[31 Days] Day 27 Visit

It’s Day 27 of the 31 Days in the Life of a TCK series! Welcome! You can find more info on the series here. Don’t forget to subscribe!

Today I am very honored to introduce my last guest blogger to you. We have never met in person, but I follow her blog which always encourages me. A TCK herself and mom to TCKs, Marilyn just has so much wisdom and expertise which she knows how to put into touching and powerful words. Marilyn writes at her own blog Communicating Across Boundaries, but I am incredibly blessed to have her over at my small place today. When I read her post for the first time it deeply resonated with me, and I hope you’ll enjoy it, too. Thank you so much, Marilyn, for your wisdom! Please read more about her at the 
end of the post. 

“So – are you visiting?”

The question took me completely by surprise. 
We had returned to Cairo for our first trip two years after leaving. 
Cairo had been our home for seven years.

photo credit: Marilyn Gardner

It was in Cairo that we had watched three of our five children take their first steps. 
It was in Cairo where our youngest two were born, three years apart. 
It was our community in this city that had loved us and cared for us through pregnancies and sickness; through post-delivery chaos and family crises; and through packing up and leaving when the time came. 
The apartment we lived in still had markings of our children’s measurements on the doorpost. We had seen these just a day before while with our friends.

Cairo had been home for a long time and it broke our hearts to leave. 
We said goodbye to all those things we loved so deeply. 
Rides in huge, wooden boats called feluccas on the Nile River; Egyptian lentils (Kosherie) with the spicy tomato sauce and crispy fried onions to top it off; friendships that had been forged through hours of talking and doing life together; a church that was one of a kind with people from all over the world.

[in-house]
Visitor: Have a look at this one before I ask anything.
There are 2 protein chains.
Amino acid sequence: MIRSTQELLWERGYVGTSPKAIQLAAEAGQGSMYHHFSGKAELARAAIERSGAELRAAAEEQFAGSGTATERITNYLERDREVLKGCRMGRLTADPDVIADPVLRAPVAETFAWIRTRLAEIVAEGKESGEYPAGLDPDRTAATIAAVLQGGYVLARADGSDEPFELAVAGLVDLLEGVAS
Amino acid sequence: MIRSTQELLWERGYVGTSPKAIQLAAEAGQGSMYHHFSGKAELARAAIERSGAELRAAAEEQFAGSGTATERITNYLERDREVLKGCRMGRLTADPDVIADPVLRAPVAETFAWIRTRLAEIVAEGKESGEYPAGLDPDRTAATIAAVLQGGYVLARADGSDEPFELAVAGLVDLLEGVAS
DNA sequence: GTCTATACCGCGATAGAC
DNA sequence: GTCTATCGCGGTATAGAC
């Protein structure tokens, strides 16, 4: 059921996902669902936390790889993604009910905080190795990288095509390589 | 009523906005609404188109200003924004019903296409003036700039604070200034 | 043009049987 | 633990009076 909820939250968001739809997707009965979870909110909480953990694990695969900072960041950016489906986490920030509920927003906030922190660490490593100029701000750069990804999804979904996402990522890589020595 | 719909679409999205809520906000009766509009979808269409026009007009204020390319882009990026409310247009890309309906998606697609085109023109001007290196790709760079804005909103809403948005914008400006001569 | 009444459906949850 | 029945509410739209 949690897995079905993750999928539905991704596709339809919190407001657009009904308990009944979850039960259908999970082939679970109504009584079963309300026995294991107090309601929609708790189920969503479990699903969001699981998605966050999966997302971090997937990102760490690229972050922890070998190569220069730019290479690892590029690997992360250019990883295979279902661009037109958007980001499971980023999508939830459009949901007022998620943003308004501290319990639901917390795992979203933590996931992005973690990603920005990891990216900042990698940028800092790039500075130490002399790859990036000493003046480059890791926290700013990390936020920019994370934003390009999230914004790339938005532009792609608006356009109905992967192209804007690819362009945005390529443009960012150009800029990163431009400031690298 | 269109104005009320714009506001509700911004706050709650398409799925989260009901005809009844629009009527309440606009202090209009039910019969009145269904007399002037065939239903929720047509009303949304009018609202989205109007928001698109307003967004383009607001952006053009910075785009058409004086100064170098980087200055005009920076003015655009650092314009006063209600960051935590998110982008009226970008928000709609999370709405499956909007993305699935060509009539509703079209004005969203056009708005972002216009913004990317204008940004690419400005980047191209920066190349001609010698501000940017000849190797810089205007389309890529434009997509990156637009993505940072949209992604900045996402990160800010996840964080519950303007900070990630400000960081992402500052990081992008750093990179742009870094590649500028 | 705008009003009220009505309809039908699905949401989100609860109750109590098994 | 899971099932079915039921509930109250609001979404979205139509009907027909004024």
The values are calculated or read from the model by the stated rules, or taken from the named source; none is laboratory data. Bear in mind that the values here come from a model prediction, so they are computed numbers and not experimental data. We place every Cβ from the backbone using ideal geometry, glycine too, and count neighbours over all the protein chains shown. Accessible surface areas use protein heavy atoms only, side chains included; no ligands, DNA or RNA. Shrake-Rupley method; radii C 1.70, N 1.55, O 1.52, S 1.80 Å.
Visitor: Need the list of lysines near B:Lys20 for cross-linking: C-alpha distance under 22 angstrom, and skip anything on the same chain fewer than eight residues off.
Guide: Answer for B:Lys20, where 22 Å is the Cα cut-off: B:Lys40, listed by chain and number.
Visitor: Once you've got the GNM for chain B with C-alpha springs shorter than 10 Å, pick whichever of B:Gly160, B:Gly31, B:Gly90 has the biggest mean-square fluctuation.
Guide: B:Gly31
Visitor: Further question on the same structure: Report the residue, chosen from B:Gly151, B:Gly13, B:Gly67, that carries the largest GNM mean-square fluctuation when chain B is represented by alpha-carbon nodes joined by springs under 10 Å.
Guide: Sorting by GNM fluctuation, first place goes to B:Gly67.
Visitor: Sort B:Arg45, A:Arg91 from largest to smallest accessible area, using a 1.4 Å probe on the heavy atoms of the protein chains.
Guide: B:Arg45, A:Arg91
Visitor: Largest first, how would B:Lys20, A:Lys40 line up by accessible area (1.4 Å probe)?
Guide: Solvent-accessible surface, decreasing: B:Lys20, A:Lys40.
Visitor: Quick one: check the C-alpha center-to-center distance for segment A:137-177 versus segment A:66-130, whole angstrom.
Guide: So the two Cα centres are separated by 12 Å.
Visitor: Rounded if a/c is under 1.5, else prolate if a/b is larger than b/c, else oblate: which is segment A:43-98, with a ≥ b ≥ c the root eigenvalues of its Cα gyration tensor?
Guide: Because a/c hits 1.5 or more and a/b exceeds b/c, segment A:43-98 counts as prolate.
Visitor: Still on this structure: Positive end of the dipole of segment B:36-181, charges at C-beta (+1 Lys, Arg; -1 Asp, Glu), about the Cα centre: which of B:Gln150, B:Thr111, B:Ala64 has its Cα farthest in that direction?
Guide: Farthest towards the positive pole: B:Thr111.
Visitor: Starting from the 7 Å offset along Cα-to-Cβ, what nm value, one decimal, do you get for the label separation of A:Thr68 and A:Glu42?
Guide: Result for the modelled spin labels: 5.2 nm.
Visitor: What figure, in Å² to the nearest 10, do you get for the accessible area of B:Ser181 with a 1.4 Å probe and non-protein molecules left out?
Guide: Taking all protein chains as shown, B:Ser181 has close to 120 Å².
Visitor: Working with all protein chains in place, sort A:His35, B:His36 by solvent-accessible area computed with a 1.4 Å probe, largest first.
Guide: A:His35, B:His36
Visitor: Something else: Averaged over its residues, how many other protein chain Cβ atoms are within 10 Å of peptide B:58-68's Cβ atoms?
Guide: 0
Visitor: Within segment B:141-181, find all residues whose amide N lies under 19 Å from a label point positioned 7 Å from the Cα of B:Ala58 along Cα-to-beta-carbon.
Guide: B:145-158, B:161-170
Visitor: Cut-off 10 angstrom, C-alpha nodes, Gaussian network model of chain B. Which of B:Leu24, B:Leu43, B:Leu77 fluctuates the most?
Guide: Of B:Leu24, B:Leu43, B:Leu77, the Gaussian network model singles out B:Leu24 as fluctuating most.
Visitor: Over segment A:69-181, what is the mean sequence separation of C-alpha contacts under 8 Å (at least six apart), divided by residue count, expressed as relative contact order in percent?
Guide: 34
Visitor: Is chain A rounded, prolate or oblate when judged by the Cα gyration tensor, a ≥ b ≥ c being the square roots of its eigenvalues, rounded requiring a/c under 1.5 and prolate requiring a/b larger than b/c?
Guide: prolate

So when the woman asked me the question I didn’t know what to say. 
A lump came into my throat and I willed myself to hold back the tears.
“Yes. Yes – we are visiting.” Pause “We used to live here…..” my voice trailed off.

The words ‘Visit’ and ‘Live’ are worlds apart. 
Visit means stranger, tourist, one who goes and stays in a place for a “short time.” 
The dictionary definition is clear on this. 
It goes on to add “for purposes of sociability, business, politeness, curiousity…”

By contrast, the word live means “to dwell, to stay as a permanent resident.”
It was like being slapped on the face by someone you trust. 
We were no longer permanent residents in Cairo, Egypt. 
Our visas, stamped into our blue passports, no longer gave us legal resident status. Instead, they gave us only temporary permission to be in the country. 
We did not have permission to dwell, to live, to work. 
We only had permission to stay for a short time – to ‘visit.’

The grief that washed over me was acute and I wanted to bury myself in it. 
I wanted to be able to grieve with abandon, to cry the tears I had wanted to cry since leaving two years prior. 
I wanted to cry tears that would water the dusty ground that surrounded me, ground that had not seen water for a long time. 
But I couldn’t. 
Because indulging in the grief at that moment would have taken me away from the place that I loved, the people that I loved.

When a third culture kid suddenly finds himself or herself a stranger, a visitor in a land they once claimed the grief is acute and necessary. 
And there is no way around but through. 
Trying to avoid the reality is not helpful. 

But this I know: More difficult than a visit would have been no visit at all, far harder than facing my current reality would have been dreaming a dream in a country far removed and never getting to experience this beloved place again.